As a health professional, Patricia D’Imperio urges her patients to make the most nutritious food choices.
The chiropractic neurologist is a nutrition role model, who searches out wholesome food for her family.
Then, there’s Doritos.
When D’Imperio has to have them, she’s unstoppable. “I’m a craver of salt,” says the owner of Healthy Living in Bayville, N.Y. “It’s not one; I’ll consume an entire bag and have to get it out of my system. I can’t stop even though I know better.”
D’Imperio, who finished her treatments for breast cancer, is struggling with an occasional craving for a salty snack as she tries to eat the best diet possible to stay cancer-free.
She’s not alone.
“Some days I’m good, some days I’m not so good,” says Cynthia Newsome, who is finished with radiation treatments for breast cancer.
The Dairy Queen strawberry shake beckoned, and Newsome responded.
“It was good,” says Newsome, weekend anchor for NBC Action News in Kansas City, Mo.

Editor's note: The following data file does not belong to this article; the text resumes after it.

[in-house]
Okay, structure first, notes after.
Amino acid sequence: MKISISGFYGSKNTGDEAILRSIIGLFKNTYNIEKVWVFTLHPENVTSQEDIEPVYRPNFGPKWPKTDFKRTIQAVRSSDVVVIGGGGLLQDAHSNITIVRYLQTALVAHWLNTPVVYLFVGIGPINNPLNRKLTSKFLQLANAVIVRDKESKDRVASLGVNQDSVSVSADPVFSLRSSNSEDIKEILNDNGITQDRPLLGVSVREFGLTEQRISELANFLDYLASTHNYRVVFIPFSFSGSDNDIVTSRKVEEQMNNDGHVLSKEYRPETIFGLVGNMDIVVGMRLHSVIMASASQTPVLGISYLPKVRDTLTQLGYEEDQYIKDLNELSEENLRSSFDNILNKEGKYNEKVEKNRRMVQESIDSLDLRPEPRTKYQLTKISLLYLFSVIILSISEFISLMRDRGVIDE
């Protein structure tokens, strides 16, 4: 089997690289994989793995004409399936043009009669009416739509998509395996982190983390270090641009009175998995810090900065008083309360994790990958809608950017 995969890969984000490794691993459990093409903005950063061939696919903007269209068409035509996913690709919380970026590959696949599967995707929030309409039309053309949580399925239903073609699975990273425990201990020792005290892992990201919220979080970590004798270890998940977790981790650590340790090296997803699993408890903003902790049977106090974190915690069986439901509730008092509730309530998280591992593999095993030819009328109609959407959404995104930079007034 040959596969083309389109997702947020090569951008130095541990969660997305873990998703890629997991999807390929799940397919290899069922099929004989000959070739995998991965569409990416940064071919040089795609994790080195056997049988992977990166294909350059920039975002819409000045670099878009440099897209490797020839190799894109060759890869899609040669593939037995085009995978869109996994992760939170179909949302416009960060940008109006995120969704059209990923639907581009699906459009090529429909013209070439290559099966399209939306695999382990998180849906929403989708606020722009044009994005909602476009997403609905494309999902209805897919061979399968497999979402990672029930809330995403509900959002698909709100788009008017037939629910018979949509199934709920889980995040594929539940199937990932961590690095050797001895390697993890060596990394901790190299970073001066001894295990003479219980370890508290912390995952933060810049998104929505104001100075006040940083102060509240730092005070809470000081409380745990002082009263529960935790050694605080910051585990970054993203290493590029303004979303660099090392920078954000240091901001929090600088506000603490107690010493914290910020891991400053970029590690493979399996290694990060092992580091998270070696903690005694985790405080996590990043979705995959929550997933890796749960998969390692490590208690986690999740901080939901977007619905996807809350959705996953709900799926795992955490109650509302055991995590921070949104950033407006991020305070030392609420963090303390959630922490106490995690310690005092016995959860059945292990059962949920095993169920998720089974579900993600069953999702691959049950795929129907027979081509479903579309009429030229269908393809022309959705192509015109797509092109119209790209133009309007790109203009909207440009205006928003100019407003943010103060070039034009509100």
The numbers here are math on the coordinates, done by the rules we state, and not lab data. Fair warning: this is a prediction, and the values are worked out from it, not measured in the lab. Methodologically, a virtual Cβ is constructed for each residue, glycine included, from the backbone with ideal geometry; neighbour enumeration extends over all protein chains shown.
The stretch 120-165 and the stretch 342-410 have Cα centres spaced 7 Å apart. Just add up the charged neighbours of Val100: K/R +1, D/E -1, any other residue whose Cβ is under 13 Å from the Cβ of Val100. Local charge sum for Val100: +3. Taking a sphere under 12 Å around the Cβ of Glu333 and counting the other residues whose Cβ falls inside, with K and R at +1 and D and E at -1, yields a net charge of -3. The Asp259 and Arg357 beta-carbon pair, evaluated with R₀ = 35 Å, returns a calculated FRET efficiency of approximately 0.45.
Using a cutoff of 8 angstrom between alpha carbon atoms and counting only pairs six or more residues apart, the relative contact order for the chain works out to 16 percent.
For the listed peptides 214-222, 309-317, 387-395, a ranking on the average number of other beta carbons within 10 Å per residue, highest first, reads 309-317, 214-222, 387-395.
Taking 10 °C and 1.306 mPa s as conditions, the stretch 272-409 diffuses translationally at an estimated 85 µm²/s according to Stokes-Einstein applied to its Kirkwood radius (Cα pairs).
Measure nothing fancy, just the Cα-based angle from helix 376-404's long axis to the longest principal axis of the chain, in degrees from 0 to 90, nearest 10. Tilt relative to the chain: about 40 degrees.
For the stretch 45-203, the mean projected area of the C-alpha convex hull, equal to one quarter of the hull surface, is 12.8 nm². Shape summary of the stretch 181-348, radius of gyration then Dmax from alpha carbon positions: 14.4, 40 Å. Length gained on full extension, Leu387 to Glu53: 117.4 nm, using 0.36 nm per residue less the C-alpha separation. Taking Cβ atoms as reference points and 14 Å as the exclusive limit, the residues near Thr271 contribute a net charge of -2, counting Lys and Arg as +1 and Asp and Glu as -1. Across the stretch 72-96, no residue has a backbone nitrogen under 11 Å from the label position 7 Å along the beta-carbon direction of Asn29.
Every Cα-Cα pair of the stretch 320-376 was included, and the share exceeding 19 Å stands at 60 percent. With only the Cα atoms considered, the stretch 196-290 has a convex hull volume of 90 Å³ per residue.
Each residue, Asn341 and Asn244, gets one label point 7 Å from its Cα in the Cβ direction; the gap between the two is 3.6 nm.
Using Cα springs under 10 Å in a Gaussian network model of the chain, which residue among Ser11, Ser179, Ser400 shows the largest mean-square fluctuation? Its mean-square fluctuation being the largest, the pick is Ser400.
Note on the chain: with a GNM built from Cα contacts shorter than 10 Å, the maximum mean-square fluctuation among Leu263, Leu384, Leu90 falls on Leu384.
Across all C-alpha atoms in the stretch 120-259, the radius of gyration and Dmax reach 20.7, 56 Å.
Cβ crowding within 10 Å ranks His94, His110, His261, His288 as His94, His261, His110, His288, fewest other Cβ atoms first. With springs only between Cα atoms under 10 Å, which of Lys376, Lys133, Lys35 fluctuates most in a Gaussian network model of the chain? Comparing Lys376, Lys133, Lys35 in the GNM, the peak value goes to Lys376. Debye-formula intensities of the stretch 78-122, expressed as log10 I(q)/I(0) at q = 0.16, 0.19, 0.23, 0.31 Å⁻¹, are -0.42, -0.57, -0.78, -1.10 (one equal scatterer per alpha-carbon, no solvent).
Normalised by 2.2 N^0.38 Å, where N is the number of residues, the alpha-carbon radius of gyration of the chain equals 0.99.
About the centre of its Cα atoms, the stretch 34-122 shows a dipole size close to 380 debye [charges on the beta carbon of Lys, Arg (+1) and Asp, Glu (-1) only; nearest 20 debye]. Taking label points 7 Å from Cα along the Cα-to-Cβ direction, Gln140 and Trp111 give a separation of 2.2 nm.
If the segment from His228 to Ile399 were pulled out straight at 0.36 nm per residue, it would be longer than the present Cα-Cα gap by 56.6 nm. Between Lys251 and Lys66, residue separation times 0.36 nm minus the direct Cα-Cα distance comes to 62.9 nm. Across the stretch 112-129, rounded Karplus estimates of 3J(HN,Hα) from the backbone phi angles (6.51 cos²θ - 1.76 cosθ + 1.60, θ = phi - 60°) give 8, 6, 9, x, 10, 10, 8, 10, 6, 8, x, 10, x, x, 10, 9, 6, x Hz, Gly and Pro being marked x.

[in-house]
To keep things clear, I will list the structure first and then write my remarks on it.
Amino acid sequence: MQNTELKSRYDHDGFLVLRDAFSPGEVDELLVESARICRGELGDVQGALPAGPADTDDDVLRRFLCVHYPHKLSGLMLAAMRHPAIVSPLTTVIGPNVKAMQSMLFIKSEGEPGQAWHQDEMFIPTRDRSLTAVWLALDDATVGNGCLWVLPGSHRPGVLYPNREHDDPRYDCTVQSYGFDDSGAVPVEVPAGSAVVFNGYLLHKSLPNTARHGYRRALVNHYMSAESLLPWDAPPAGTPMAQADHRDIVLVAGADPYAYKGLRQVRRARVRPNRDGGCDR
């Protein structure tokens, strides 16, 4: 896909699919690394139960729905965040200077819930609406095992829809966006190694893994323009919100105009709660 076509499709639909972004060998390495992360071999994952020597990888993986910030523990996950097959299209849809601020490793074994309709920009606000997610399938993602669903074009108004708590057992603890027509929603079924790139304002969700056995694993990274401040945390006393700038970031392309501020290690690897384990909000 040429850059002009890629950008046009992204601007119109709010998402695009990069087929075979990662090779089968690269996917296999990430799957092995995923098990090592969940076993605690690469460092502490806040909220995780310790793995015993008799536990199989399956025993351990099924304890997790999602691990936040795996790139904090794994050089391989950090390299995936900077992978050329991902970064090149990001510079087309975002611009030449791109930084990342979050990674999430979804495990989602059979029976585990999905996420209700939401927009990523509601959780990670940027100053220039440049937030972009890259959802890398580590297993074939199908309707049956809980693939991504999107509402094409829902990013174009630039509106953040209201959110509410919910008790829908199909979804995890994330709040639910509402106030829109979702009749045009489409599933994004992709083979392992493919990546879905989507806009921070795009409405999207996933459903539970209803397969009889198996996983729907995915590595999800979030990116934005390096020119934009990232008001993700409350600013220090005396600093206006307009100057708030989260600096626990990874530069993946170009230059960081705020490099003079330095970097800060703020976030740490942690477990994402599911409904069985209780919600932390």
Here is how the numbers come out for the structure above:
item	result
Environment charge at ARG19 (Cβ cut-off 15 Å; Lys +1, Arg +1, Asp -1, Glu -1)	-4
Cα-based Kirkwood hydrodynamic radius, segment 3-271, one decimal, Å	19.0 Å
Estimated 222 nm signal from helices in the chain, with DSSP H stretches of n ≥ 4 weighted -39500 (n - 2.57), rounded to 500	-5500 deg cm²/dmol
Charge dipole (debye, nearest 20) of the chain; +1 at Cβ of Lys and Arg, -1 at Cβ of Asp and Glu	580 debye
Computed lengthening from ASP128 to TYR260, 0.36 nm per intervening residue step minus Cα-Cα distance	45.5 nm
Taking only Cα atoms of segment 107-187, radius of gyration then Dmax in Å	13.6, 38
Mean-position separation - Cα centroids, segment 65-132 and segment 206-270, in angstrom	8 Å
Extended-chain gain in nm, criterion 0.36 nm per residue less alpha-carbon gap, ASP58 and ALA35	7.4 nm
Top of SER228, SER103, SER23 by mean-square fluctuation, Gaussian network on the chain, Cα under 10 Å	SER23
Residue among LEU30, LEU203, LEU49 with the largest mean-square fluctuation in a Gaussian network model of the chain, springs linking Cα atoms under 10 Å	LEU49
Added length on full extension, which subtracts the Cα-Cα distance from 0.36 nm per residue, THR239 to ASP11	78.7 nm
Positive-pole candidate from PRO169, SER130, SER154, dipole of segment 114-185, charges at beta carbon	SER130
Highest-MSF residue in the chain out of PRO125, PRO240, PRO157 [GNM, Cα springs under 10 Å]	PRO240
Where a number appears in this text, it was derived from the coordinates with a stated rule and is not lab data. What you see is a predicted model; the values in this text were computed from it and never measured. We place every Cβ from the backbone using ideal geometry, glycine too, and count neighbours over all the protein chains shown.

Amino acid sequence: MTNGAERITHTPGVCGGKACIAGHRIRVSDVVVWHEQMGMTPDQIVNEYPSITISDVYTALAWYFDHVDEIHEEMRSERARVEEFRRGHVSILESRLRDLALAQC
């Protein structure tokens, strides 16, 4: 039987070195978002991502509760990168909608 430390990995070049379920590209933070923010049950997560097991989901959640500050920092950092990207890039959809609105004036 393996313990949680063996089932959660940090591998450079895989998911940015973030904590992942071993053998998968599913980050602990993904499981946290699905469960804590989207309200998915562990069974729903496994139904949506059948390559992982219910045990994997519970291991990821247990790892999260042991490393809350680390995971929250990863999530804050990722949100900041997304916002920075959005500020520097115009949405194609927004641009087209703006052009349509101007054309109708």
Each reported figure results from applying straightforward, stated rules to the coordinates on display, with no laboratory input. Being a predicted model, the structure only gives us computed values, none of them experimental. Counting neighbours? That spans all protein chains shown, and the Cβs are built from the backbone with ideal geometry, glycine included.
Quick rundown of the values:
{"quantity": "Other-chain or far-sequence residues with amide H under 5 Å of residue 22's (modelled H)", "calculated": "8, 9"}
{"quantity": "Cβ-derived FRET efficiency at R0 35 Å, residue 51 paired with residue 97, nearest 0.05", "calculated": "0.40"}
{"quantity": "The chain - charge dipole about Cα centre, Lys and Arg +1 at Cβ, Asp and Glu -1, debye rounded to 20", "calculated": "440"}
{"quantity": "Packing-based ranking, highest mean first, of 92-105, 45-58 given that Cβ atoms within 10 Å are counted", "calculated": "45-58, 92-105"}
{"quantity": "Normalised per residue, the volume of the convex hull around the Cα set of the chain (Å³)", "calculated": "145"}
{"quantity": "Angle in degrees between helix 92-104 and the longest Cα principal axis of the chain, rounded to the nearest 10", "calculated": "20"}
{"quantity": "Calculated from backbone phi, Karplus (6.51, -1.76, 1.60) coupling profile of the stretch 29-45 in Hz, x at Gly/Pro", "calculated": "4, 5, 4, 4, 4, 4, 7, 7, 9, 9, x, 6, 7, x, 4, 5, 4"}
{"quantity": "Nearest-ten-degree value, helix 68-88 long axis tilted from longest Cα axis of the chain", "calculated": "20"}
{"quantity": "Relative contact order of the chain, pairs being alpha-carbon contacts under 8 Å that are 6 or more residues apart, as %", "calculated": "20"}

You may have an itch for a particular ingredient, like D’Imperio and salt, which hits every two months or so. Perhaps you associate a certain food with a positive experience you want to recall. Whatever the reason, if you learn to manage your food urges, you can splurge without the guilt, while developing more healthful habits.
While you’re educating yourself, you’ll also look for ways to let your loved ones know how you’d like to be supported.
Getting into a breast cancer recovery nutrition program can help.
Find a registered dietitian who will show you what you can eat.
If you need to lose weight to reduce your risk of a breast cancer recurrence (or your risk of other diseases), you don’t want a diet that feels like punishment.